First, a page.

Less than a month ago, Mrs Gandhi seemed on the point of becoming India's prime minister. She had told President K R Narayanan that she commanded the support of half the MPs in the lower house. Then a key ally deserted her, and nothing seemed to have gone right since for the Italian- born widow of Rajiv Gandhi, who was assassinated in 1991 while serving as prime minister.
On Monday her party's ruling body, the Congress Working Committee (CWC), held an emergency meeting to discuss an extraordinary letter sent to Mrs Gandhi by three senior party members the previous day.
The men, who include Mr Sharad Pawar, a powerful politician in Maharashtra, and Mr P Sangma, the articulate former speaker of the Lower House, urged Mrs Gandhi to propose a constitutional amendment allowing only "natural- born Indian citizens" to become India's president, vice-president or prime minister. Such an amendment, the letter went on, would be in line with Mrs Gandhi's concern to "revive and rejuvenate" the party.
The challenge was couched in honeyed words, citing the "maturity and dignity" which Mrs Gandhi, nee Maino, had brought to the office of Congress president, but the sting in the tail was sharp: as prime minister was "the most difficult job in the world", Congress should respect the demand of the average Indian that his prime minister should have "some track record in public life".
Mrs Gandhi has worked as au pair, housewife and picture restorer, but her political career is less than 18 months old.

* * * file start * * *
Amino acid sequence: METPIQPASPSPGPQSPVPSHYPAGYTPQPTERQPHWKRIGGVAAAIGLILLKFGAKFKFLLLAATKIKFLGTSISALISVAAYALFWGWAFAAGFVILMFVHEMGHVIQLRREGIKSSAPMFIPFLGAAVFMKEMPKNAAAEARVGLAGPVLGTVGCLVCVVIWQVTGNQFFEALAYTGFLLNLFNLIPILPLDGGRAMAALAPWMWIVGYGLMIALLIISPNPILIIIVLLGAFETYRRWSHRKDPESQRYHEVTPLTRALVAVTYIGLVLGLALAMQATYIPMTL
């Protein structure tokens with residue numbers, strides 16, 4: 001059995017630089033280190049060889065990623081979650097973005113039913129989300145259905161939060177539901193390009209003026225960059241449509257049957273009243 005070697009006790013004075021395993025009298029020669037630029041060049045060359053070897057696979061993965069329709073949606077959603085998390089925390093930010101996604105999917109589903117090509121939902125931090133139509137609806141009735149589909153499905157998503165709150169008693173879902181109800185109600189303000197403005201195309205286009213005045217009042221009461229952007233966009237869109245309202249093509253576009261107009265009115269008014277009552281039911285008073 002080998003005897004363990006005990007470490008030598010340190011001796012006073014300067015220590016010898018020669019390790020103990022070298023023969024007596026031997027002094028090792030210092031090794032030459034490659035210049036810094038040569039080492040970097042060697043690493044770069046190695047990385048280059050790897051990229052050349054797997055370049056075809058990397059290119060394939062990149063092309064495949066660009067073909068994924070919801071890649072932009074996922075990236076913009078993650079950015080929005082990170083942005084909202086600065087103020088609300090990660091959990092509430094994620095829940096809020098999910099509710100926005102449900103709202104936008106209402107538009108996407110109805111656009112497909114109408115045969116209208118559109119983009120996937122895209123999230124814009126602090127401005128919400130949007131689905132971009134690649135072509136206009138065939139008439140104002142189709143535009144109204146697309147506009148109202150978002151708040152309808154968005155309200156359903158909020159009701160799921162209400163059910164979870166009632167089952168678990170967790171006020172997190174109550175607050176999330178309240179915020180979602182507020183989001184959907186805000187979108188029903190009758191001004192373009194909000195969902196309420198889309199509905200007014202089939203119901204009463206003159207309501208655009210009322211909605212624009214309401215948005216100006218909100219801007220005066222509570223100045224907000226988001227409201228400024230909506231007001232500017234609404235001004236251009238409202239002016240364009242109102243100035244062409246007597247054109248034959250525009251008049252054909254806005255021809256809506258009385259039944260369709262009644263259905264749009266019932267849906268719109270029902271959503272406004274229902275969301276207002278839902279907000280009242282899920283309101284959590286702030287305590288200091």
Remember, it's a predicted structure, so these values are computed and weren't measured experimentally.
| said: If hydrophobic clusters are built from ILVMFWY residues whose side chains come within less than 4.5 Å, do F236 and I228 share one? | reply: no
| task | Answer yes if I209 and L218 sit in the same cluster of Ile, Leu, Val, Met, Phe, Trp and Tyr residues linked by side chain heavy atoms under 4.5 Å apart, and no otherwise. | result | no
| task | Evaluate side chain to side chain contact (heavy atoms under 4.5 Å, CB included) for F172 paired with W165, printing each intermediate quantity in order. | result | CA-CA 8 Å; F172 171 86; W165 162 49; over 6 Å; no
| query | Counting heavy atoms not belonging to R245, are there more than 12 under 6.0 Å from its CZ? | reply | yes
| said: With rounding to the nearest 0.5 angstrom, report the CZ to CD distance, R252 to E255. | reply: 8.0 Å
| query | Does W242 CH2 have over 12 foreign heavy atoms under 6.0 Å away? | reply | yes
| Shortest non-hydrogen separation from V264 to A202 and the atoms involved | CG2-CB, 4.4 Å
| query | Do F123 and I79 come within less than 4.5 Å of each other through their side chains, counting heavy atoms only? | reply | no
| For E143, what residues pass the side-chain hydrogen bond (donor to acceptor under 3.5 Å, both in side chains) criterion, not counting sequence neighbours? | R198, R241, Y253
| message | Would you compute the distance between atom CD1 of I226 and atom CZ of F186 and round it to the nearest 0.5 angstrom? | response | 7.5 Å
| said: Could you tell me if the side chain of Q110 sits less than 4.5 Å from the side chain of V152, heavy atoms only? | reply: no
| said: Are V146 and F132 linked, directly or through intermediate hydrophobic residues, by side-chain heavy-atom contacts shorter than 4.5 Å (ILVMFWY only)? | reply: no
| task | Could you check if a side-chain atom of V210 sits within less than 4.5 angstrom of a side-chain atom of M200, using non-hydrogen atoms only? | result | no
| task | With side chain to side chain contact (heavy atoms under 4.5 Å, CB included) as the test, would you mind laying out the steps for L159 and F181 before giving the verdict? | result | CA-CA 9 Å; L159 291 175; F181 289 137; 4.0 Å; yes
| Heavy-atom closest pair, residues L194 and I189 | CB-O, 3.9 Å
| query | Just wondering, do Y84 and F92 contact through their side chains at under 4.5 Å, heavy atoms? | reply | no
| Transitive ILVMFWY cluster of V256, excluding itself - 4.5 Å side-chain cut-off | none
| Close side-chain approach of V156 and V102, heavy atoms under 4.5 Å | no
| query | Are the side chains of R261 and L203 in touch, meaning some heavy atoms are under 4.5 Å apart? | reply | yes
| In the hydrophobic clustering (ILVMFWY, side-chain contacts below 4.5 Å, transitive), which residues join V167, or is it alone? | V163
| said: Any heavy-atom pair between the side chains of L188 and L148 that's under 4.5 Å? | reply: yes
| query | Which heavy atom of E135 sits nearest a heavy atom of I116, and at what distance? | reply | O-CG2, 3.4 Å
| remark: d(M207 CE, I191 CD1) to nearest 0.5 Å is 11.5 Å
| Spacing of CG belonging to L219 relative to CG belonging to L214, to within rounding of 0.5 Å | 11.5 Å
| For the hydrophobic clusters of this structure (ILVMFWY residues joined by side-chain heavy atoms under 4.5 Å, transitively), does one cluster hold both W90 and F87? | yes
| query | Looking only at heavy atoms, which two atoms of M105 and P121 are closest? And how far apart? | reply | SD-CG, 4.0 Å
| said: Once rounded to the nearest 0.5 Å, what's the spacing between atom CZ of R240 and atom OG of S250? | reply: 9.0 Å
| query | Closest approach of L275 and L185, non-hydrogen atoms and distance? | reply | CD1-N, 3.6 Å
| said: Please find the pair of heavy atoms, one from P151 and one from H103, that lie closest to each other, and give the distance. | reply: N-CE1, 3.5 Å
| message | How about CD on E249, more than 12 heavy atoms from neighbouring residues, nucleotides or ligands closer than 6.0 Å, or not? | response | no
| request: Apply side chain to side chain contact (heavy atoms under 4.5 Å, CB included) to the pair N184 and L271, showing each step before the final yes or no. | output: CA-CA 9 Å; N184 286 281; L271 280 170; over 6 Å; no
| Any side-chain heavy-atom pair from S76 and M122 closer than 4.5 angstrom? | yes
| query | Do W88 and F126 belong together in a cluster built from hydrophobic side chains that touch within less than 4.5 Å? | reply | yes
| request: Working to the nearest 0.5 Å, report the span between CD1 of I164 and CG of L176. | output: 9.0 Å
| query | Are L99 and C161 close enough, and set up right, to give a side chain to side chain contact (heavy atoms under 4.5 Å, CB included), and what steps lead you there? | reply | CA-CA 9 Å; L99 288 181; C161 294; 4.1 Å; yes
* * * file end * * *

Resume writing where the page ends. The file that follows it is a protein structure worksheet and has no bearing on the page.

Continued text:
On Monday the CWC met to decide what to do about this broadside, but Mrs Gandhi effectively hijacked the occasion by submitting her written resignation, saying she was "pained" by the lack of confidence in her. "Though born in a foreign land," she went on, "I chose India as my country. I am Indian and I will remain so till my last breath. India is my motherland, dearer to me than my own life."
The CWC took only 10 minutes to decide to reject her resignation, and yesterday saw a flurry of copycat resignations as party figures famous and obscure symbolically threw themselves on their swords in the effort to persuade her to reconsider.
In Bombay party activists began an indefinite hunger strike, while in Madras 23 Congress volunteers were arrested after burning an effigy of a party dissident, Sharad Pawar. Across the country the party that has ruled India for most of the past 50 years seemed in total disarray.
With hindsight, the controversy was bound to erupt. During the last election campaign 15 months ago, when Mrs Gandhi made her solo political debut, Congress's allies and opponents alike tiptoed around the "foreigner" issue.
Sophisticated Indians were anguished by the prospect of Mrs Gandhi as their leader, but analysts claimed the uneducated masses were immune to such misgivings. As the daughter-in-law, mother and suffering widow, Mrs Gandhi had earned her rightful place in India's ruling dynasty.
But there is a fear that new evidence in the Bofors scandal, which left Rajiv Gandhi accused of taking massive kickbacks from the Swedish arms company, could emerge before the autumn general election.
Congress's core problem is that dynasty is the one thing that held the party together. Now, it appears, not even that will do the trick.Reuse content